Mel B, right, "America's Got Talent" judge and former Spice Girl, poses with Jared Fogle "The SUBWAY Guy"backstage at the "Project SUBWAY" fashion show during New York Fashion Week, Wednesday, Sept. 11, 2013, as part of SUBWAY Restaurants' SUBtember celebration. (Photo by Diane Bondareff/Invision for Subway Restaurants/AP Images)
A sandwich artist poses for a photo with Jared 'The Subway Guy' Fogle during SUBWAY March Madness, on Saturday, April 4, 2014 in Dallas. (Photo by Matt Strasen/Invision for SUBWAY/AP Images)
Former New England Patriots Running Back Kevin Faulk and Jared "€œThe SUBWAY Guy" take a selfie with a football fan at a SUBWAY pre-game tailgate featuring sandwiches the new premium cut, all white meat Grilled Chicken Strips, outside Gillette Stadium prior to the Conference Championship in Foxborough, MA on Sunday, January 18, 2015, prior to the Conference Championship game. (Photo by Marc Andrew Deley/Invision for SUBWAY Restaurants/AP Images)
Jared "€œThe SUBWAY Guy" Fogle, right, and a fan pose with #WhereSuperHeroesEat 3D street art in celebration of SUBWAY Restaurants€™ partnership with the upcoming Marvel movie "Avengers: Age of Ultron"€ on Monday, April 13, 2015 in Los Angeles. (Photo by Matt Sayles/Invision for SUBWAY Restaurants/AP Images)
Olympic gold medalist swimmer Michael Phelps NFL player Michael Crabtree, spokesman for Subway Jared Fogle and NBA player Blake Griffin arrive at the 2009 ESPY Awards held at Nokia Theatre LA Live on July 15, 2009 in Los Angeles, California. The 17th annual ESPYs will air on Sunday, July 19 at 9PM ET on ESPN. (Photo by Kevork Djansezian/Getty Images for ESPY)
Jared 'The SUBWAY Guy' Fogle attends Go Red For Women The Heart Truth Red Dress Collection fashion show during Mercedes-Benz Fashion Week at The Theatre at Lincoln Center on February 6, 2014 in New York City. (Photo by Astrid Stawiarz/Getty Images)
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His appeal was rejected in a ruling by the 7th U.S. Circuit Court of Appeals.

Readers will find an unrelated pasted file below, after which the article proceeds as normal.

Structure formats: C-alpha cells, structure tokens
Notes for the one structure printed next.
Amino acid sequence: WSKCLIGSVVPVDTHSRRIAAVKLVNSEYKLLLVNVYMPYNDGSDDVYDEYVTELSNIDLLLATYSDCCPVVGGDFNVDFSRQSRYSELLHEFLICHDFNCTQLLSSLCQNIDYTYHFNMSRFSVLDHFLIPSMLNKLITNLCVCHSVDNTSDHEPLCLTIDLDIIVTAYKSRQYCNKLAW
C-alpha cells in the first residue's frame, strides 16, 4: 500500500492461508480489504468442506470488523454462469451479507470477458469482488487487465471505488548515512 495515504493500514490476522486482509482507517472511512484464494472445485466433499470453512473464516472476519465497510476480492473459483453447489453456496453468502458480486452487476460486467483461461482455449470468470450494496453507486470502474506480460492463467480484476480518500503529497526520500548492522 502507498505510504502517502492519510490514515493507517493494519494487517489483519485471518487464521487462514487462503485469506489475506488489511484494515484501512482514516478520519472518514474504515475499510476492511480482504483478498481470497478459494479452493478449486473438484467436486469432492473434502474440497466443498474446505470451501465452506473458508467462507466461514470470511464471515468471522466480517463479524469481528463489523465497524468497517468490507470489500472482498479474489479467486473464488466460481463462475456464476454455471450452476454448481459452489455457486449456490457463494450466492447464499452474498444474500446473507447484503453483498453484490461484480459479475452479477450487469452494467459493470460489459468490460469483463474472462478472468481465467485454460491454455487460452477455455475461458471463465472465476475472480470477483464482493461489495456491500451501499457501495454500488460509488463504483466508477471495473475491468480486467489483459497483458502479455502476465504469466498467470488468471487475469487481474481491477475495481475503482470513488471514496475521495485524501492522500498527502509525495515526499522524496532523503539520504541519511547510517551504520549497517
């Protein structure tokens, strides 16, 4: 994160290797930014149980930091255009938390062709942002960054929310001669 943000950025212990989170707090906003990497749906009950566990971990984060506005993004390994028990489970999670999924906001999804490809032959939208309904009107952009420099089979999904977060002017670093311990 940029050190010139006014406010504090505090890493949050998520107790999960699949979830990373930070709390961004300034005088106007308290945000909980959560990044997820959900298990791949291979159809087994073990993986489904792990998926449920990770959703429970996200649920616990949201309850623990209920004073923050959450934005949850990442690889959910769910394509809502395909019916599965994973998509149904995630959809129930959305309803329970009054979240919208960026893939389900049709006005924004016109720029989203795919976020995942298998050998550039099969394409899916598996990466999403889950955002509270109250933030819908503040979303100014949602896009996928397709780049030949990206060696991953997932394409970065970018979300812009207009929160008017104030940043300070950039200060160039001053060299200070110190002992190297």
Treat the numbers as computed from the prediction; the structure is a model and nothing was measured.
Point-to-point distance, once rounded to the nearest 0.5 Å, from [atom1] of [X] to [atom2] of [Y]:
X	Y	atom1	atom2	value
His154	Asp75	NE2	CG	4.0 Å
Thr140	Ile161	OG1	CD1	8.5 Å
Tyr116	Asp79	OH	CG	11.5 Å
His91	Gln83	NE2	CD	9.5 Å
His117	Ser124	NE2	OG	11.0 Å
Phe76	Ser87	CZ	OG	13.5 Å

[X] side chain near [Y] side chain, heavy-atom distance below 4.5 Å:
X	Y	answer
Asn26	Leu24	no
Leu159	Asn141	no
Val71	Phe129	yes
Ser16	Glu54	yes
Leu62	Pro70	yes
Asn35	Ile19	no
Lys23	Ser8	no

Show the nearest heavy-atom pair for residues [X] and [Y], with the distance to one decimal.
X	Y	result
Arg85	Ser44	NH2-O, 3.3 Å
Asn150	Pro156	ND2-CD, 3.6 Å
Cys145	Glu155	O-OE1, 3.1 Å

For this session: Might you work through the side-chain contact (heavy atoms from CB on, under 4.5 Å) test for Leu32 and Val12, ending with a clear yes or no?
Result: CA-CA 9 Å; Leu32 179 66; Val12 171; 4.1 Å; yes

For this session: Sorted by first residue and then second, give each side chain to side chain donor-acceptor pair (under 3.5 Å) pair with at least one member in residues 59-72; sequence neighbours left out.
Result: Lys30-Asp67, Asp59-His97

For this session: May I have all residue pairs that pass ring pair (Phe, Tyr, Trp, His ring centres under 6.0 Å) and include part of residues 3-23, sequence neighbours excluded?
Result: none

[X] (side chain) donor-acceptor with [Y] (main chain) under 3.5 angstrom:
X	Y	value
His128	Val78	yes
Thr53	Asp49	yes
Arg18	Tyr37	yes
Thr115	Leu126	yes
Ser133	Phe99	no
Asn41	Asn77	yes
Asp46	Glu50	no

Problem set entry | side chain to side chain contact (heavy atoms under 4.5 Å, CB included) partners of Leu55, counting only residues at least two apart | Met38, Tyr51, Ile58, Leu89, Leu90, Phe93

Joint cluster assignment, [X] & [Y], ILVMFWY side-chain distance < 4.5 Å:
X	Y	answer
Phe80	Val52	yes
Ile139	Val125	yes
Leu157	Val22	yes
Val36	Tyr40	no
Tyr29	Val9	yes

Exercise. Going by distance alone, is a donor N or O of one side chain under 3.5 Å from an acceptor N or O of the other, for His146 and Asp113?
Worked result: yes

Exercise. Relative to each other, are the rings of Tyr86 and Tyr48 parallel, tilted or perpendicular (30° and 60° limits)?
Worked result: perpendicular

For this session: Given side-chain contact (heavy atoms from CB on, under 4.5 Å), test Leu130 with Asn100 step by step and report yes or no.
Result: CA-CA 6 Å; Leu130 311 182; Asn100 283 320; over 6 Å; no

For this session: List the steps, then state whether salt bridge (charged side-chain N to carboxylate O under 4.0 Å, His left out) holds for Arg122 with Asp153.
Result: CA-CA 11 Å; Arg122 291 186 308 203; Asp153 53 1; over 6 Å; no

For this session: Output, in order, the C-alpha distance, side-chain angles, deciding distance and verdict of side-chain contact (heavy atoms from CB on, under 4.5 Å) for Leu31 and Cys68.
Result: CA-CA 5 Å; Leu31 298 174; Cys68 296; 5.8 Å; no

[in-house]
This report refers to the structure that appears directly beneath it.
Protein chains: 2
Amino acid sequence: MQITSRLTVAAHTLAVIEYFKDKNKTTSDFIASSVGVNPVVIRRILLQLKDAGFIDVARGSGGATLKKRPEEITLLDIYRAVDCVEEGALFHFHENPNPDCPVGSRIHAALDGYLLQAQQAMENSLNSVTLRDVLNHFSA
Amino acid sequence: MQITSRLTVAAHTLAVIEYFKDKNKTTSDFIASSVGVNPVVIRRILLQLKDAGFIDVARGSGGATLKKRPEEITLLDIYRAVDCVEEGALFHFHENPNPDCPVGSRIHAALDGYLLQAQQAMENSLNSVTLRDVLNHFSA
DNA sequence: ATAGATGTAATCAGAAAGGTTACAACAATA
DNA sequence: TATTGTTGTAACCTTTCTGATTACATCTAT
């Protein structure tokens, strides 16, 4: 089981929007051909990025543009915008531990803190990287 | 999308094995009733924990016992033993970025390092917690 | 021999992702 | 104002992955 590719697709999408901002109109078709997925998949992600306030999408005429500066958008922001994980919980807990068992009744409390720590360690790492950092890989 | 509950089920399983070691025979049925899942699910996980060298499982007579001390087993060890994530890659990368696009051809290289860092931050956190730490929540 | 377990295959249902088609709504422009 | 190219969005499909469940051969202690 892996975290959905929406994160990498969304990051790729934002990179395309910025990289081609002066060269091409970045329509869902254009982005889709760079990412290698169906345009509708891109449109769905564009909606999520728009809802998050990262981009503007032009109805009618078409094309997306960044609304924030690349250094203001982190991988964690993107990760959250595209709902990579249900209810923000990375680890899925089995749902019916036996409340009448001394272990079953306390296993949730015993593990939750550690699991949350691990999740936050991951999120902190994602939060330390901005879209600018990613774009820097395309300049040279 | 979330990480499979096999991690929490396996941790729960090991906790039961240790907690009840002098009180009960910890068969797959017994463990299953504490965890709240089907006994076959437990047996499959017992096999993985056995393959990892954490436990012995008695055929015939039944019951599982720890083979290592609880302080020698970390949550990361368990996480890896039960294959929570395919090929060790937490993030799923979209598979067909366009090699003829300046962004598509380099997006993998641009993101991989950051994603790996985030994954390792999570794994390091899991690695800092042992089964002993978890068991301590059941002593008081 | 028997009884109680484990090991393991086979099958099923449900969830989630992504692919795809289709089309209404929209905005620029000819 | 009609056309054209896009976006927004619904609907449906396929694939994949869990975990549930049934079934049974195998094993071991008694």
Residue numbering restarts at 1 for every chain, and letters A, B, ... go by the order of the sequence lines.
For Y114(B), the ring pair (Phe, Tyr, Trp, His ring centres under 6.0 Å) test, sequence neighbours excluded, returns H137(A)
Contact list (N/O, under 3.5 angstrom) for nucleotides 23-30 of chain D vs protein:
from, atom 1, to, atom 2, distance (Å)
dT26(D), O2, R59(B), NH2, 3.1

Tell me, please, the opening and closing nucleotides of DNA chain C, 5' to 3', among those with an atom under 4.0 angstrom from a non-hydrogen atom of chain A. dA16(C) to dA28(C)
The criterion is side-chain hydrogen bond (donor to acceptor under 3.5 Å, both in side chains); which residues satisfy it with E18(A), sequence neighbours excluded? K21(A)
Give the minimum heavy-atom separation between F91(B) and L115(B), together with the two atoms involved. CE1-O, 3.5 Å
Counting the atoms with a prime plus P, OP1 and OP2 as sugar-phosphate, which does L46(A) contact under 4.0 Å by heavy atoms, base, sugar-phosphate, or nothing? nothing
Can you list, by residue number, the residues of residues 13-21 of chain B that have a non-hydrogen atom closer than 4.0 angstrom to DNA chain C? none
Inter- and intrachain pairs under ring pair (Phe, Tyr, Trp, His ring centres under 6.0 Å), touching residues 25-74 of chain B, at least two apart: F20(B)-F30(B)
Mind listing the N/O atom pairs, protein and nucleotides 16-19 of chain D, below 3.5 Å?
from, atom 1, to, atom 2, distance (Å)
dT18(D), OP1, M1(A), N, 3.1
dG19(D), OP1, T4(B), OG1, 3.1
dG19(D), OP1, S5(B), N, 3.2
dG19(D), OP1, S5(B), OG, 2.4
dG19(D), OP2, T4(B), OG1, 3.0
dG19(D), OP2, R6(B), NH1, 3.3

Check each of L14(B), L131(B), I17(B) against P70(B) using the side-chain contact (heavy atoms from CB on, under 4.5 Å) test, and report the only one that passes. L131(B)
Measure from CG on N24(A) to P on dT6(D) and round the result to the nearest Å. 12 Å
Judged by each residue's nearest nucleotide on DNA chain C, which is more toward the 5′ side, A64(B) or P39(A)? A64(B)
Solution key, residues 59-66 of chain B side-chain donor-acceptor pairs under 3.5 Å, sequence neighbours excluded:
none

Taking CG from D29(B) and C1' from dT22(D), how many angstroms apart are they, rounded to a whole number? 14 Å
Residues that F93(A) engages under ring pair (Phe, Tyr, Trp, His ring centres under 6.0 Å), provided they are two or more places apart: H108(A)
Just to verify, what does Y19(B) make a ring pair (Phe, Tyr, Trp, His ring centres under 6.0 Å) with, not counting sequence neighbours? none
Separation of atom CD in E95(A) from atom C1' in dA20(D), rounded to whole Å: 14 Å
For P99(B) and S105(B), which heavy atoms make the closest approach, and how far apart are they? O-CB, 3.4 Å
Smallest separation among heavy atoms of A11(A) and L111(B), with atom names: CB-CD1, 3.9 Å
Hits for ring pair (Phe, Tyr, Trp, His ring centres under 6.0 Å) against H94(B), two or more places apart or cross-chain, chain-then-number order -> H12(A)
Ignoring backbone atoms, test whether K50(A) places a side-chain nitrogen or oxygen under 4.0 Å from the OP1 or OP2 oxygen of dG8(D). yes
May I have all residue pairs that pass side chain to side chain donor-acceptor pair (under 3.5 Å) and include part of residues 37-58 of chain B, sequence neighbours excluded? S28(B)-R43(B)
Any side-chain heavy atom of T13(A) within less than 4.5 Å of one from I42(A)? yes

"There is no evidence in the record that the district court was confused about the facts," the three-judge panel said in its ruling Thursday.

The panel rejected Fogle's claims that the district court's sentence was improper because it exceeded federal sentencing guidelines, saying that the judge had correctly applied the law and explained his reasoning.

It also rejected Fogle's assertion that because he had viewed the child pornography but not produced it, his sentence should have been more lenient.

Subway fired Fogle when reports emerged that he would plead guilty in the case. He has already begun to pay $1.4 million in restitution to 14 victims who are minors.

Prosecutors said Fogle obtained child pornography given to him by Russell Taylor, the former director of Fogle's charitable foundation, including videos he taped of minors without their permission, using hidden cameras in his homes in Indiana. The foundation involved educational programs about childhood obesity.

In his appeal, Fogle's attorney, Ronald Elberger, said the sentence handed down by U.S. District Judge Tanya Walton Pratt was based on things his client did not actually do, including producing child pornography or acting on fantasies of having sex with minors.

But U.S. Attorney Steven DeBrota said the punishment was justified, because Fogle knew some of the minor victims by name and on a personal level.

The sentence was more severe than either side had wanted. The prosecution had sought 12-1/2 years in federal prison, while Fogle's attorneys had asked for five years. Fogle also was fined $175,000.

An attorney for Fogle did not immediately respond to a request for comment on Thursday.